Thursday, May 23, 2013

The LinuxTag Hack

What do you do when you go to LinuxTag the premier Open Source conference in Berlin Germany ? You give a talk, you hand out tee-shirts at the CloudStack booth, you explain Cloud computing and you hack a CloudStack driver for SaltStack while patching libcloud.

The talk: Talking about Clouds is nice and all, but after many years and many talks, I shamelessly admit that it gets a little old. So lately I have been working on BigData, both as a backend to CloudStack (think Ceph, Riack CS, Gluster) and as a workload to a cloud. I am talking about using Apache Whirr or Apache Provisionr incubating to deploy "one-click" hadoop clusters on public clouds. It is a long story that I will keep for another post as I am trying to write this before going to bed. but check out the slides and keep an eye on pallet and exoscale.

The booth: An open source booth is ..well a booth. I came with my pop-up banner, table cloth, tee-shirts, post-cards, USB stick/bottle openers, it feels a little bit like a traveling sales man, not that I would know but I imagine it like this. I have to explain that the 2 and 3 XL shirts will shrink quite a bit and will fit perfectly people's M or L frames. Then I point at the banner to showcase the magnificient CloudStack UI, I explain that there is an API server behind it. Sometimes I launch devcloud and do a live demo to bring them to their knees, sometimes I have to ask for help on IRC to answer a question, and sometimes a german developer wants to trade a tee-shirt against illegal substances not to be named. Life in the fastlane let me tell you. But that's what it's like to build a community, it is very much an evangelization process.

The hack: Then there is the hack, going to an open source conference without writing code would be a sin. The OSS gods decided to put me next to Tom Hatch the CTO of Saltstack. Tom is a funny guy with a deep voice and madenning Python skills. Saltstack is an alternative to Chef and Puppet which are written in this foreign language Ruby. It does configuration management, remote execution, cloud deployments and tons of other things. I was also happily surprised to find 300 folks on IRC, very chatty folks I might add. Anyway, Saltstack was not going to go anywhere because they did not have a CloudStack driver. EC2 yes, Rackspace yes, Joyent yes, OpenStack yes...but no CloudStack. I had to do something about it. A quick git clone and a RTFM later I was on my way, thanks to my new best friend exoscale, a Swiss public cloud provider (based on CloudStack off course) who gave me 50 Francs worth of Cloud Brownies I could test everything live.

I did not want to run any silly master on my laptop, behind crazy NAT non sense, so I used Salt-cloud, I copied the linode driver and started hacking it. It uses libcloud which thankfully I had looked at just couple weeks ago while writing a bit of CloudStack doc. There was a few issues with the libcloud driver so I opened couple bugs there and committed to patches to fix my own bugs, isn't it nice ? Grant it there are not big bugs, but bugs they are, 329 and 330 to be exact.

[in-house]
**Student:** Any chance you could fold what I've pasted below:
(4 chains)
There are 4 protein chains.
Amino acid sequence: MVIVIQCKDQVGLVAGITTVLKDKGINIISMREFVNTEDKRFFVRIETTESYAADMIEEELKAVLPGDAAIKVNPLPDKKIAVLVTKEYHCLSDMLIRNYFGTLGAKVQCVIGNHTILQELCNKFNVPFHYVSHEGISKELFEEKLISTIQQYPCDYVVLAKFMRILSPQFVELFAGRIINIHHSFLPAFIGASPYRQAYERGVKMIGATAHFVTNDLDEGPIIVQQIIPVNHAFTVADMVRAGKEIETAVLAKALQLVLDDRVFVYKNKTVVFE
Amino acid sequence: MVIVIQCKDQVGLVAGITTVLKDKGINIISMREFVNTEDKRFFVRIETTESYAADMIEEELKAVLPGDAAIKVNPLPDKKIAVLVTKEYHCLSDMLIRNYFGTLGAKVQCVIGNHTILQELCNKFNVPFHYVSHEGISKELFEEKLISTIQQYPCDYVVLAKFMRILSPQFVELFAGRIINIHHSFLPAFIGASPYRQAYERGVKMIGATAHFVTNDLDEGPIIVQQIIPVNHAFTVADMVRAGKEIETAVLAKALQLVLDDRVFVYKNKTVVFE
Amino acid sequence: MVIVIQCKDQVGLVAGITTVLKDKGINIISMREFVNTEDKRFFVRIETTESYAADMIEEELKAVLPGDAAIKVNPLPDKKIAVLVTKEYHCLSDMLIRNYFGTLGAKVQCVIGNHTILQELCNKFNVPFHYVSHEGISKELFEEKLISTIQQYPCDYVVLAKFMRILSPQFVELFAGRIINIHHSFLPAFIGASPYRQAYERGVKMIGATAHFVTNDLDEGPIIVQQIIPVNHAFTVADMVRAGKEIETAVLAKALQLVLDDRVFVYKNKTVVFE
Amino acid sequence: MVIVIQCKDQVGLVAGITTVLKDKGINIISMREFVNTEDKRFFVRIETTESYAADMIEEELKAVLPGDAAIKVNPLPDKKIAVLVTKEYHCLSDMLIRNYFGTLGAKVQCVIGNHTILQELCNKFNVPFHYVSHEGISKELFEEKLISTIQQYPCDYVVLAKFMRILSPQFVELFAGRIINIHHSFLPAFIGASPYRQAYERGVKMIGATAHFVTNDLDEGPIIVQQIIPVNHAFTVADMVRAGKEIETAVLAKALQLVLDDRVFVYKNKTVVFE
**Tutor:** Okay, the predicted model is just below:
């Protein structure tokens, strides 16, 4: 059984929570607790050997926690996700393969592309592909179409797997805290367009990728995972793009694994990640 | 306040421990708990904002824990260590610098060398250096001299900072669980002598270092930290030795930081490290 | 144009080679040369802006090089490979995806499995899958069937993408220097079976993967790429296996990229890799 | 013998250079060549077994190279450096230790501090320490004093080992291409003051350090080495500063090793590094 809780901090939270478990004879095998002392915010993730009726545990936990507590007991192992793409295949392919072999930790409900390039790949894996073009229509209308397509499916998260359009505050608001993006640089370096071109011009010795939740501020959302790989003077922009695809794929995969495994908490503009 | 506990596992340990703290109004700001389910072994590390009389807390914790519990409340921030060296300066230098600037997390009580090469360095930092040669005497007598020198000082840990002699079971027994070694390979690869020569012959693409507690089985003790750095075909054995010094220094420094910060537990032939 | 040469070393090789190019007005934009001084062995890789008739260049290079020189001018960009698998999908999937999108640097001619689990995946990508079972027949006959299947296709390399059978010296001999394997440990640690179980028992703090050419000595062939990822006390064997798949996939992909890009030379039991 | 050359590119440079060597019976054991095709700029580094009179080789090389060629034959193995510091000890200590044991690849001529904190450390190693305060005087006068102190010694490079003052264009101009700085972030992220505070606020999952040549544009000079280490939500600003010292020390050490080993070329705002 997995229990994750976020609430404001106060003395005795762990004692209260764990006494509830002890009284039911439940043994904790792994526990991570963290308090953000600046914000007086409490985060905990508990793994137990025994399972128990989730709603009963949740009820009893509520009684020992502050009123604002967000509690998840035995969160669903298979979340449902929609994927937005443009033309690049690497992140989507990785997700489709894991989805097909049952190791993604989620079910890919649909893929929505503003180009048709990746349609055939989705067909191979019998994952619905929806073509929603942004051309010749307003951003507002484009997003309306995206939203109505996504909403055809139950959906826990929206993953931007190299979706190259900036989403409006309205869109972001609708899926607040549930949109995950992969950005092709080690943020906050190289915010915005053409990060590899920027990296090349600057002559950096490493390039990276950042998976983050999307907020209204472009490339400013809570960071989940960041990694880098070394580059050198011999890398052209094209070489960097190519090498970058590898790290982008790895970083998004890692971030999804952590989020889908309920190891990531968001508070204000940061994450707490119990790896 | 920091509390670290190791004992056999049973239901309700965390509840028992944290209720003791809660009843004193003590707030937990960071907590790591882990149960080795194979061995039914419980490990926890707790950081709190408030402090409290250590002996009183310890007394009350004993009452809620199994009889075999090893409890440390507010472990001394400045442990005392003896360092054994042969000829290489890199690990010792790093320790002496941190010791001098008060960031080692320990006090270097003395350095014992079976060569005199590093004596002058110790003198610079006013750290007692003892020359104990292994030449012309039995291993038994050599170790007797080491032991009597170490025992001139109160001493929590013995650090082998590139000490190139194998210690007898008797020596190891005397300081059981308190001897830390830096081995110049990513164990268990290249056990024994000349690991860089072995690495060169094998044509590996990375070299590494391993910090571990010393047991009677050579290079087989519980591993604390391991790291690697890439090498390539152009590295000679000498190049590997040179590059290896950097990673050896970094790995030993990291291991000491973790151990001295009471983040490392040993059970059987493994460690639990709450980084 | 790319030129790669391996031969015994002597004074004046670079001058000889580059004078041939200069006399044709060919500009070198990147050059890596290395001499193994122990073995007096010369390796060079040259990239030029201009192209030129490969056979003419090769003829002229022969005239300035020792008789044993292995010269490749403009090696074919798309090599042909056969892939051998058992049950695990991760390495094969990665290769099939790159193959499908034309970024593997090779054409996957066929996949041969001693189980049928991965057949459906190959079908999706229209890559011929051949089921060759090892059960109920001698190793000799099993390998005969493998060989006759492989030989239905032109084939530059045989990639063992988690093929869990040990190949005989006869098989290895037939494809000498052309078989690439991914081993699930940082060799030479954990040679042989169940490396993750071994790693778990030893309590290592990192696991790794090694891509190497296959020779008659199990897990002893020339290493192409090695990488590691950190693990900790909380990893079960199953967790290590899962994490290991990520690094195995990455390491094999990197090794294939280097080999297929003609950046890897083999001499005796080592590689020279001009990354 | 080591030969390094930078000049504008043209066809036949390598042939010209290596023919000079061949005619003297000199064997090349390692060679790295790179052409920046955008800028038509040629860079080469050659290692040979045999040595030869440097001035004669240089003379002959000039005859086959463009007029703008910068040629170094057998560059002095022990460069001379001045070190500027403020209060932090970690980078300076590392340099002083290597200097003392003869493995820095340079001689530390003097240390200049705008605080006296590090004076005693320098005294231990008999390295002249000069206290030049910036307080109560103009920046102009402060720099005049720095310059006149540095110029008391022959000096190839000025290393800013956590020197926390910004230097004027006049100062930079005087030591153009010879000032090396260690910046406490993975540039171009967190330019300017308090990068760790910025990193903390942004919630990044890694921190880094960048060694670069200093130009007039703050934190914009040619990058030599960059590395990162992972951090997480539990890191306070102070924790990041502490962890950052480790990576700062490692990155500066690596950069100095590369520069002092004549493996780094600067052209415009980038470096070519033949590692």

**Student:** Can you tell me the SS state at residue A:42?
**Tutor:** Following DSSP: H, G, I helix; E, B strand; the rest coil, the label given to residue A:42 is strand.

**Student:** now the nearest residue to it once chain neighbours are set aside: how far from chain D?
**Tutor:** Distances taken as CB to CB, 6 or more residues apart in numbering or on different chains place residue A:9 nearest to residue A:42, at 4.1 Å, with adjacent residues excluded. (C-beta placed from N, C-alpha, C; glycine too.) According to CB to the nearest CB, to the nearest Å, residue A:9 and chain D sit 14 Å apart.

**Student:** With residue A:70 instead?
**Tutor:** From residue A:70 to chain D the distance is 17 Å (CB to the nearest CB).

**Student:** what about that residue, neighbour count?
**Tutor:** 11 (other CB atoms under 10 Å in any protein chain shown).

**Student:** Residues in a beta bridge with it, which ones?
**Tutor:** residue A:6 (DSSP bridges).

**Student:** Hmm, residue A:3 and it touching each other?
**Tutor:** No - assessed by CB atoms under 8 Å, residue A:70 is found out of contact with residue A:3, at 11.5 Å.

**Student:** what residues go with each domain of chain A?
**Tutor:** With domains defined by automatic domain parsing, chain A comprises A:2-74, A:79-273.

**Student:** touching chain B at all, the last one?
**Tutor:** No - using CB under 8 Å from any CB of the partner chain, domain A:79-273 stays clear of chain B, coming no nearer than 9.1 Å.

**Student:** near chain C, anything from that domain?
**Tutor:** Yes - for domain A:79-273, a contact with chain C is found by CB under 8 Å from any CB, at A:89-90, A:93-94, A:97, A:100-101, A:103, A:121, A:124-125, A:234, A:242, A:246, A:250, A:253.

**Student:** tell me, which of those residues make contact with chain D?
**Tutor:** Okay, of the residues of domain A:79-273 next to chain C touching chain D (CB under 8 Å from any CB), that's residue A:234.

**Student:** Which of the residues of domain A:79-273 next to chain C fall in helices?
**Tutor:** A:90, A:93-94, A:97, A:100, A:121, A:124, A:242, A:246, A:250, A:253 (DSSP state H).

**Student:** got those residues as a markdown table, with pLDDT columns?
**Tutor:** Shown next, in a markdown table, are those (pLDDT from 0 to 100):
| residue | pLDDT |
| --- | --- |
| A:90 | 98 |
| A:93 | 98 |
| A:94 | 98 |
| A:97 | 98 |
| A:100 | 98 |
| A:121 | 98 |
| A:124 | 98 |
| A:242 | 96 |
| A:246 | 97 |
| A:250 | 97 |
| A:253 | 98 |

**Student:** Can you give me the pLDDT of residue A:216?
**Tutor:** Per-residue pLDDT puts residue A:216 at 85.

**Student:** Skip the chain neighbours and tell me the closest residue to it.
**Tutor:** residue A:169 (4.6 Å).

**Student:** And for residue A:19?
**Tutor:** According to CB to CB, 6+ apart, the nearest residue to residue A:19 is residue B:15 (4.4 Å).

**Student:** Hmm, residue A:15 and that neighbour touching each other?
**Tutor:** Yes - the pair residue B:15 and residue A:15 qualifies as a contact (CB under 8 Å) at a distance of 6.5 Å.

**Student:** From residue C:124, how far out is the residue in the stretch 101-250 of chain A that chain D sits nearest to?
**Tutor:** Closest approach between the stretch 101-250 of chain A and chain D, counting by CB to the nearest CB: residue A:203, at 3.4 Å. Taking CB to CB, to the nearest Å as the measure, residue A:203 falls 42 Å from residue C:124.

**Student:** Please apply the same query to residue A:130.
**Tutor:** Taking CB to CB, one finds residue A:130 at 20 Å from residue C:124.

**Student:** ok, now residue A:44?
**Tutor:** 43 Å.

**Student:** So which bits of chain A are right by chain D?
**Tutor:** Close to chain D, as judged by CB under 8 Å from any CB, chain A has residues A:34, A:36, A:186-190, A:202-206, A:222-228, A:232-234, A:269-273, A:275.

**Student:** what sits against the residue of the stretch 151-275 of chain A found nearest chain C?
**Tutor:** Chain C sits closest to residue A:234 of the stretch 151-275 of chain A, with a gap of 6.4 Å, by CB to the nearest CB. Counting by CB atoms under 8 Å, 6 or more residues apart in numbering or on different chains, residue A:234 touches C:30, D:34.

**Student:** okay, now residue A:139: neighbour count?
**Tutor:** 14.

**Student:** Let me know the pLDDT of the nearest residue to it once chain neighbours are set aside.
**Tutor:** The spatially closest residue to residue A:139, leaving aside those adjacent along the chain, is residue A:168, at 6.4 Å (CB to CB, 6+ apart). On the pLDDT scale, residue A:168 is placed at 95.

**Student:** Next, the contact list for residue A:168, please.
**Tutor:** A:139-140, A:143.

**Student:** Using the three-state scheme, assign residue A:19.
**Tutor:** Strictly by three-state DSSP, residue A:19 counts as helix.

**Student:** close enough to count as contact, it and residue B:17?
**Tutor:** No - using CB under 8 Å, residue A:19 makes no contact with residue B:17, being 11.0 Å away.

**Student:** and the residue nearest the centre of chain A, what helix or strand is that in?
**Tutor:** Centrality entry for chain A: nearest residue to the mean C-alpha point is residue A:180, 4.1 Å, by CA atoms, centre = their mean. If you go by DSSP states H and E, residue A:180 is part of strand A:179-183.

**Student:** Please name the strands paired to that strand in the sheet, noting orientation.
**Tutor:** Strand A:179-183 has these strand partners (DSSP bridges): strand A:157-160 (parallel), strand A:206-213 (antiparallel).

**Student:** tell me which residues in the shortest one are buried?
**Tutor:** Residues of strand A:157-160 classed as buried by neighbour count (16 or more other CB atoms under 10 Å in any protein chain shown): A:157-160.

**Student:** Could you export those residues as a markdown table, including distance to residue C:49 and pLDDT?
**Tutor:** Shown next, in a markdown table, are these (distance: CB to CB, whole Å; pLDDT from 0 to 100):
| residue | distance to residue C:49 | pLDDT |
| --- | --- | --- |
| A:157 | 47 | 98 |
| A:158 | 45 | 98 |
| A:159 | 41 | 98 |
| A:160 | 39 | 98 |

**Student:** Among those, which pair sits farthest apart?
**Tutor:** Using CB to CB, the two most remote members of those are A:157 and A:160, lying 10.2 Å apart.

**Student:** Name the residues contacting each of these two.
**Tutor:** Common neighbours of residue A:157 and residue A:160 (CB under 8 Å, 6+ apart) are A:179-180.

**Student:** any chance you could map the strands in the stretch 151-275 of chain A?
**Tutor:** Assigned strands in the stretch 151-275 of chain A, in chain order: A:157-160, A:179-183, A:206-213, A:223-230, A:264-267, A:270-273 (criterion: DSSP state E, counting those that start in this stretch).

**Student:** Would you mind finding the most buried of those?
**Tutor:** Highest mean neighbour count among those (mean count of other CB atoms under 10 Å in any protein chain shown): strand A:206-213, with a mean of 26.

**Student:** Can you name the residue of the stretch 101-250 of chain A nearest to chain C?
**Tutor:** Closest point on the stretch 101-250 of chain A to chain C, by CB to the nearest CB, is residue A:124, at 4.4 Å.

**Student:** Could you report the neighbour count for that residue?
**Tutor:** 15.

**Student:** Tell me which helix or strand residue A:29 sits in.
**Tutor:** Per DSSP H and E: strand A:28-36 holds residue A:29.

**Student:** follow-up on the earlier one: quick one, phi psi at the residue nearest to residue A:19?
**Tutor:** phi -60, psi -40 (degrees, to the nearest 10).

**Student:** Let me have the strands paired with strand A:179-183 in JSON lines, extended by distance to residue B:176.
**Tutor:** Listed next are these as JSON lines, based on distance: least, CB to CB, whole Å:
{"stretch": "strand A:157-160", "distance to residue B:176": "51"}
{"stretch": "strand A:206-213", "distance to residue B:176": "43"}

I got it working and finished it tonight which explains my excitement. I forked their repo on git and made two pull requests that got merged right away. Let's get down to it, shall we. You need two configuration file: cloud and profile

Your cloud conf defines your Cloud Provider and which driver it uses, that's where I define exoscale, my keys etc...

    path: /compute
    securitygroup: default
    user: root
    provider: cloudstack

Your profile conf defines the instance type that you are going to use, it's a combination of the image, the service offerings and the keys used to access the instance that it will create...

    provider: exoscale
    image: 1d16c78d-268f-47d0-be0c-b80d31e765d2 
    size: b6cd1ff5-3a2f-4e9d-a4d1-8988c1191fe8 
    ssh_interface: public
    ssh_username: root
    keypair: exoscale

With this you can know list-location, list-sizes, list-images:

salt-cloud --list-locations exoscale
[INFO    ] Configuration file path: /Users/sebastiengoasguen/.saltcloud/cloud
[INFO    ] salt-cloud starting
    country: AU
    id: 1128bd56-b4d9-4ac6-a7b9-c715b187ce11

salt-cloud --list-sizes exoscale
[INFO    ] Configuration file path: /Users/sebastiengoasguen/.saltcloud/cloud
[INFO    ] salt-cloud starting
    bandwidth: 0
    disk: 0
    id: 350dc5ea-fe6d-42ba-b6c0-efb8b75617ad
    price: 0
    ram: 16384
    uuid: edb4cd4ae14bbf152d451b30c4b417ab095a5bfe

salt-cloud --list-images exoscale
[INFO    ] Configuration file path: /Users/sebastiengoasguen/.saltcloud/cloud
[INFO    ] salt-cloud starting
  CentOS 5.5(64-bit) no GUI (KVM)
      format: QCOW2
      hypervisor: KVM
      os: CentOS 5.5 (64-bit)
    id: 77d32782-6866-43d4-9524-6fe346594d09
    uuid: 2fb9ae4b32b4ea5eafd3341166cf948cfe24aa7f
And finally of course:
salt-cloud -p ubuntu-exoscale lll
This will start the instance on the cloud, do key based ssh access to it and start bootstrapping saltstack. Tomorrow I will check out their actual configuration management scheme, launch couple minions, hoping to create a monogd cluster or even a hadoop cluster. Before you ask, lll is the name you give to an instance when you get tired.

The caveat to all of this is that my patches to libcloud need to be accepted before the CloudStack SaltStack driver is usable. Enjoy ! Signing off. Busy day: Talk, booth, hack

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